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By on September 20, 2011, with 19 Comments

Seems when M. C. Escher created his famous lithograph Ascending and Descending (all the way back in 1960.), he didn’t have a slightest clew how many people will get inspired by this exceptional deceiving work! Just look how cute R. Watson’s escher-inspired Lego Penrose turned out to be!

But what I also think, is that it couldn’t hurt encouraging your little toddlers to try and construct something similar on their own! Not only will you motivate them to “mathematically” analyze the 3D space, they will also learn the beauty behind optical illusions, and educate themselves while doing it! When Escher chose to construct this deception, he placed the staircase on the roof of a building and structured the building to convey an impression of conformity to strong (but inconsistent) vanishing points. He has the right vanishing point higher than the left one.



  • seb12

    the second photo reveals how it works

    • ASD

      images?q=tbn:ANd9GcQDYRo4__SXHe1bt1vPE_V8jLyyexypXJW6FdTr12OlI-wKosl41LfAmSEMEg

    • ASD

      attachment.php?attachmentid=3748&d=1315065898

  • NeeL

    Just look at the smuck grin at his face thinking he rules the world by walking up and up to the highest place.
    Pathetic how he doesn’t realize he is the joke of the day, not able to get any higher!

    (Talking trash about Lego makes me feel good about myself…) :(

  • jaecool

    The vertical streak of light INSIDE the well also gives away how it was made. Very good though!

    • im cool like that

      it has a start and an end. its NOT impossible!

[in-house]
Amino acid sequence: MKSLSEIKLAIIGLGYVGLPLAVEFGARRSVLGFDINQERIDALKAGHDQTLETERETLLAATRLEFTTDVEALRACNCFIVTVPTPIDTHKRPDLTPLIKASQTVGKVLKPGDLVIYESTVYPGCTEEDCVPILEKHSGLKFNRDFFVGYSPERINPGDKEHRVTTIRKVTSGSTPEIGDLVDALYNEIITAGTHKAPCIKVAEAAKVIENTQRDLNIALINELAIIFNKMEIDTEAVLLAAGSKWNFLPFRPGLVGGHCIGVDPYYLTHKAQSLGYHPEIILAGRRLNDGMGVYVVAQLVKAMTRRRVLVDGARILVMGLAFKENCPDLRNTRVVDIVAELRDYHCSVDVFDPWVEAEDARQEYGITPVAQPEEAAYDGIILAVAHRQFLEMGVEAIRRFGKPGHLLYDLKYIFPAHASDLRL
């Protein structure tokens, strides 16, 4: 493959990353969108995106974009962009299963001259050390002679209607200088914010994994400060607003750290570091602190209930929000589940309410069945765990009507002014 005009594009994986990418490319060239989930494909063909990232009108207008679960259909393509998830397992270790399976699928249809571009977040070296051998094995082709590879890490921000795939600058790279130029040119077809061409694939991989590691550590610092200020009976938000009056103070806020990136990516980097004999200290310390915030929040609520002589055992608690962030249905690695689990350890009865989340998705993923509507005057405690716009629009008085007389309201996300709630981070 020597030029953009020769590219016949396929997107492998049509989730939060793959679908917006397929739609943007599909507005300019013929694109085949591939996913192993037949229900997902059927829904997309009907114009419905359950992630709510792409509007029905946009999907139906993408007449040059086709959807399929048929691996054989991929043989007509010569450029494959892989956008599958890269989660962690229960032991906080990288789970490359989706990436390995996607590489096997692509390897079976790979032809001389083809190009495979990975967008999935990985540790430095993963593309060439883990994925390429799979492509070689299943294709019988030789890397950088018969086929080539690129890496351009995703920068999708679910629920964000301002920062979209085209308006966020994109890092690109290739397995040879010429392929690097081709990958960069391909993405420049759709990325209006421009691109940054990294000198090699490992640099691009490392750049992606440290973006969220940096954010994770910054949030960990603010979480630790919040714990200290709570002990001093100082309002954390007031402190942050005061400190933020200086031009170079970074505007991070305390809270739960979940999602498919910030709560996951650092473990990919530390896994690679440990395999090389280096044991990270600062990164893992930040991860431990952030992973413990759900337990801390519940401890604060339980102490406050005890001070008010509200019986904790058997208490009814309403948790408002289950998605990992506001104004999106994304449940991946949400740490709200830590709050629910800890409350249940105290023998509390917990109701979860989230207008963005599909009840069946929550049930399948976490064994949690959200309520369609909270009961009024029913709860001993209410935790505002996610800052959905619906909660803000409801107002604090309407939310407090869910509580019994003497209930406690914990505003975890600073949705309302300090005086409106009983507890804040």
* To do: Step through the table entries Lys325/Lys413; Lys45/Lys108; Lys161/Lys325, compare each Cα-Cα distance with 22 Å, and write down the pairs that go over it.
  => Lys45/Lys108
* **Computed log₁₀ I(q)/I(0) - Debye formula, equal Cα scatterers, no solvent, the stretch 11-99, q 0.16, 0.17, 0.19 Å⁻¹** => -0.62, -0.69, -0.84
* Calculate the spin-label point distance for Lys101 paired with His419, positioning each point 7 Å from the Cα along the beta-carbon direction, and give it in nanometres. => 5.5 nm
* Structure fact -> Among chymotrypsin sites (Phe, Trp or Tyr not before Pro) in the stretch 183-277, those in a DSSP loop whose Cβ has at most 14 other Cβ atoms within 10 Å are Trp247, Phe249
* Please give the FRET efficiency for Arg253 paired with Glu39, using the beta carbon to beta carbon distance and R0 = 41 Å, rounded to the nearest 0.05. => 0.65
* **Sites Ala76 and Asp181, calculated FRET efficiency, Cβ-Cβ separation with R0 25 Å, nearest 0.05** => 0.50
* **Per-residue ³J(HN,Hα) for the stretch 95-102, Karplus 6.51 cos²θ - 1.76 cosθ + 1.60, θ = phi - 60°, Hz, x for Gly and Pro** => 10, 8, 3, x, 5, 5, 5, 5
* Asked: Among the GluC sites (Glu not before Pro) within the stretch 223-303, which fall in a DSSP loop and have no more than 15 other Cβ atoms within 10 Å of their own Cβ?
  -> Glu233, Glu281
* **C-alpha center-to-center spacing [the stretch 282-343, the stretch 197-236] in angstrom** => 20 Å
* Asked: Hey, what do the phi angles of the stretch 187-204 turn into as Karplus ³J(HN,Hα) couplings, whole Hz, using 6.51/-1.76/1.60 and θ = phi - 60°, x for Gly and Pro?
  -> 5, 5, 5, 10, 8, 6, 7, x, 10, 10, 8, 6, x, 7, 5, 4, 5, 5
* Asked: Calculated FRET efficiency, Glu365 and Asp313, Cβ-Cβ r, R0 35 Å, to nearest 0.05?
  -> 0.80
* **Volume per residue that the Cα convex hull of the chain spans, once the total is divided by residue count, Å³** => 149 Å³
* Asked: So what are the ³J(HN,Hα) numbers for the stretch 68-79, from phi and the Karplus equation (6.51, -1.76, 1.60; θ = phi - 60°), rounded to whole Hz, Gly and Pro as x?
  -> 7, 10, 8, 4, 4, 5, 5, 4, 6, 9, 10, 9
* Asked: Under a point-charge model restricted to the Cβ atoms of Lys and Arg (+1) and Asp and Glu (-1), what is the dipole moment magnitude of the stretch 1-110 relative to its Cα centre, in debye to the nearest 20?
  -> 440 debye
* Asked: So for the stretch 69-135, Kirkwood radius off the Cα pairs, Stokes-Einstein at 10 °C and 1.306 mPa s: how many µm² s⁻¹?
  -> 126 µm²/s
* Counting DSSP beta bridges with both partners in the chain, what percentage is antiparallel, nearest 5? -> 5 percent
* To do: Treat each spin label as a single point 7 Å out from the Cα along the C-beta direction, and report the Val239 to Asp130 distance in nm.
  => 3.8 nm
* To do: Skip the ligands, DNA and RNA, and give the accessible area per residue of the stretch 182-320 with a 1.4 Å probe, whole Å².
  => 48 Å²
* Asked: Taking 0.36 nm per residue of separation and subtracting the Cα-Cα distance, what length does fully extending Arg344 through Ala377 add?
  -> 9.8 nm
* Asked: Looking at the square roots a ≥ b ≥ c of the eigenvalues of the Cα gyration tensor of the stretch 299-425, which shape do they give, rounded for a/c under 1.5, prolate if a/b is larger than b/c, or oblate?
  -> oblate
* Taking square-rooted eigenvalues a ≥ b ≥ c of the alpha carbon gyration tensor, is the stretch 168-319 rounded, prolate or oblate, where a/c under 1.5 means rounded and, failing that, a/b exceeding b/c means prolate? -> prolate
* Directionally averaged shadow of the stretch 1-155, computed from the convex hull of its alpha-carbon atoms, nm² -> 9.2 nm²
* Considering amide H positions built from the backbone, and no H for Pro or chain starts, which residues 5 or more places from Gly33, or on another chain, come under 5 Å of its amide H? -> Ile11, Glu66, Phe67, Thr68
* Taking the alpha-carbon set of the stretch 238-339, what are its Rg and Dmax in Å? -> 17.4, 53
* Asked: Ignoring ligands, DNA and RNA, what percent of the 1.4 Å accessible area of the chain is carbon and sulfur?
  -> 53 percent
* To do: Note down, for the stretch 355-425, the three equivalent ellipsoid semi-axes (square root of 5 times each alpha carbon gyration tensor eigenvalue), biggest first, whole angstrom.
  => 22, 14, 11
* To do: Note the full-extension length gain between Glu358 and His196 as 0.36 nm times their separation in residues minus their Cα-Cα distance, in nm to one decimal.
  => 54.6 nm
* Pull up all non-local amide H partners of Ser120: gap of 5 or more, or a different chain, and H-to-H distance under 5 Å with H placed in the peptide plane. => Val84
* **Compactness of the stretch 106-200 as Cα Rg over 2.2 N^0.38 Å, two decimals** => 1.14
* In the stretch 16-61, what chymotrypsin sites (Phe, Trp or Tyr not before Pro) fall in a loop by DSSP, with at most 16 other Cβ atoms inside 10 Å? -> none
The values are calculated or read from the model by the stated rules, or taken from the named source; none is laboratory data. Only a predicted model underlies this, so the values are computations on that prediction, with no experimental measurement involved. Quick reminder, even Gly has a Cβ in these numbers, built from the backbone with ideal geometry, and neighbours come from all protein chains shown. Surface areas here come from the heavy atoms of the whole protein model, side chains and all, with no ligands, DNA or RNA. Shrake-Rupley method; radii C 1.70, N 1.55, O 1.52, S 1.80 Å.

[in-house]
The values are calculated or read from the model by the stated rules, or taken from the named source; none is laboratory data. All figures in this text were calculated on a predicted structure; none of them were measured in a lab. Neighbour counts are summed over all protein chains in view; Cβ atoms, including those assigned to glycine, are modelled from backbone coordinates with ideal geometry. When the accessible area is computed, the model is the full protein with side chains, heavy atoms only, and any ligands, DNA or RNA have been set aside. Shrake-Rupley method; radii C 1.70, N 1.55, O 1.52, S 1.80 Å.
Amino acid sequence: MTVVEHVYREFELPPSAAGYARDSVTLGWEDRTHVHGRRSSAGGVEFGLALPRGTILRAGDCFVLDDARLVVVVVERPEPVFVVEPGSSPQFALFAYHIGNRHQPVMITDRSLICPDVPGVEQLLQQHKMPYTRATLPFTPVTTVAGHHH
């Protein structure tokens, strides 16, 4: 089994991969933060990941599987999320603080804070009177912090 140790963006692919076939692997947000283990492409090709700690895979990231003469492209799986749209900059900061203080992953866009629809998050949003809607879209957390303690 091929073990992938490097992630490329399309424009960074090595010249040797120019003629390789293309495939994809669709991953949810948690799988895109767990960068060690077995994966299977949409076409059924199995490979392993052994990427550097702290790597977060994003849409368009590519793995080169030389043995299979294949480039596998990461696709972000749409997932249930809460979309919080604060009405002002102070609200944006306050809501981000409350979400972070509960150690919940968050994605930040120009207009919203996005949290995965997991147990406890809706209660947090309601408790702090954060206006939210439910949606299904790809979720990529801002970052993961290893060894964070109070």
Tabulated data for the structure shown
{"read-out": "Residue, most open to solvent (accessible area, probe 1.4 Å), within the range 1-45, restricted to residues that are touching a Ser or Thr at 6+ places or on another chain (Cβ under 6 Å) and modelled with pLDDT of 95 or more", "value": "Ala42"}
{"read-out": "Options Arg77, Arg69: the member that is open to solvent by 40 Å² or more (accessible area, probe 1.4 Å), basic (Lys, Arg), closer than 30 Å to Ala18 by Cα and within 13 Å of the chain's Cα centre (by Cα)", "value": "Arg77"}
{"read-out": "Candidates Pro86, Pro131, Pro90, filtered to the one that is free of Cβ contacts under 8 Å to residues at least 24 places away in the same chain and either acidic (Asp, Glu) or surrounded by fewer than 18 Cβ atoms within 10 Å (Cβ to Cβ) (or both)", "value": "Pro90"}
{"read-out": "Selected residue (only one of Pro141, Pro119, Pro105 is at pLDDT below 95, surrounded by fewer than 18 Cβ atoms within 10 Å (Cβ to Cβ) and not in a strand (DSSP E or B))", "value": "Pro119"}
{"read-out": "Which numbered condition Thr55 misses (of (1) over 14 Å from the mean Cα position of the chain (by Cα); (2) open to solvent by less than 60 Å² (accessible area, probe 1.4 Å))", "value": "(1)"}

it goes up, turns, carries on going up, turns and then finishes. its just the angle the photo is taken that makes it look endless.

  • The Best

    I saw the solition at the first picture, this illusion is no so good as the others

    • I

      Me too,the tile is smaller than the one before it

  • jaecool

    .. and the inconsistent perspective on the steps. These kind of shots are best taken from a long distance with a long lens to minimise perspective distortion.

  • WhoAmI

    the sun light spoiled it

  • Anh Pham

    ha ha, a right angle for the camera to make this, not too badddddd.

  • http://www.uprinting.com/photo-enlargements.html Laarnie | Photo Enlargements

    This is a perfect gift for my nephew. The first photo is really an optical illusion. Nice stuff.

  • http://gmail.com Andrewpoky

    Cool!! i can make my own paradox now!

  • Sean

    LEGO!! My favorite!

  • Andrew

    Its the middle tile on the right that gives it away

  • Jean

    Nice inspiration, thank you.

    I rebuild it with my kids.

    LegoPenroseStairsSceleton1024.JPG

    • Jean

      Now pictures from Nintendo 3DS available:
      phoca_thumb_l_extra_23212-1812189258.jpg

  • Terri Aki

    if anyone here had some sort of measurable eye sight you would notice that the ‘top’ step is incredibly dis-proportinate to the step prior. the Penrose steps are about SCALE, not some kid whose been able to build some simple lego steps and take a photo at reasonably right angle

  • Awesome

    Cool I don’t understand how it was made even with your guys help btw 19th comment?

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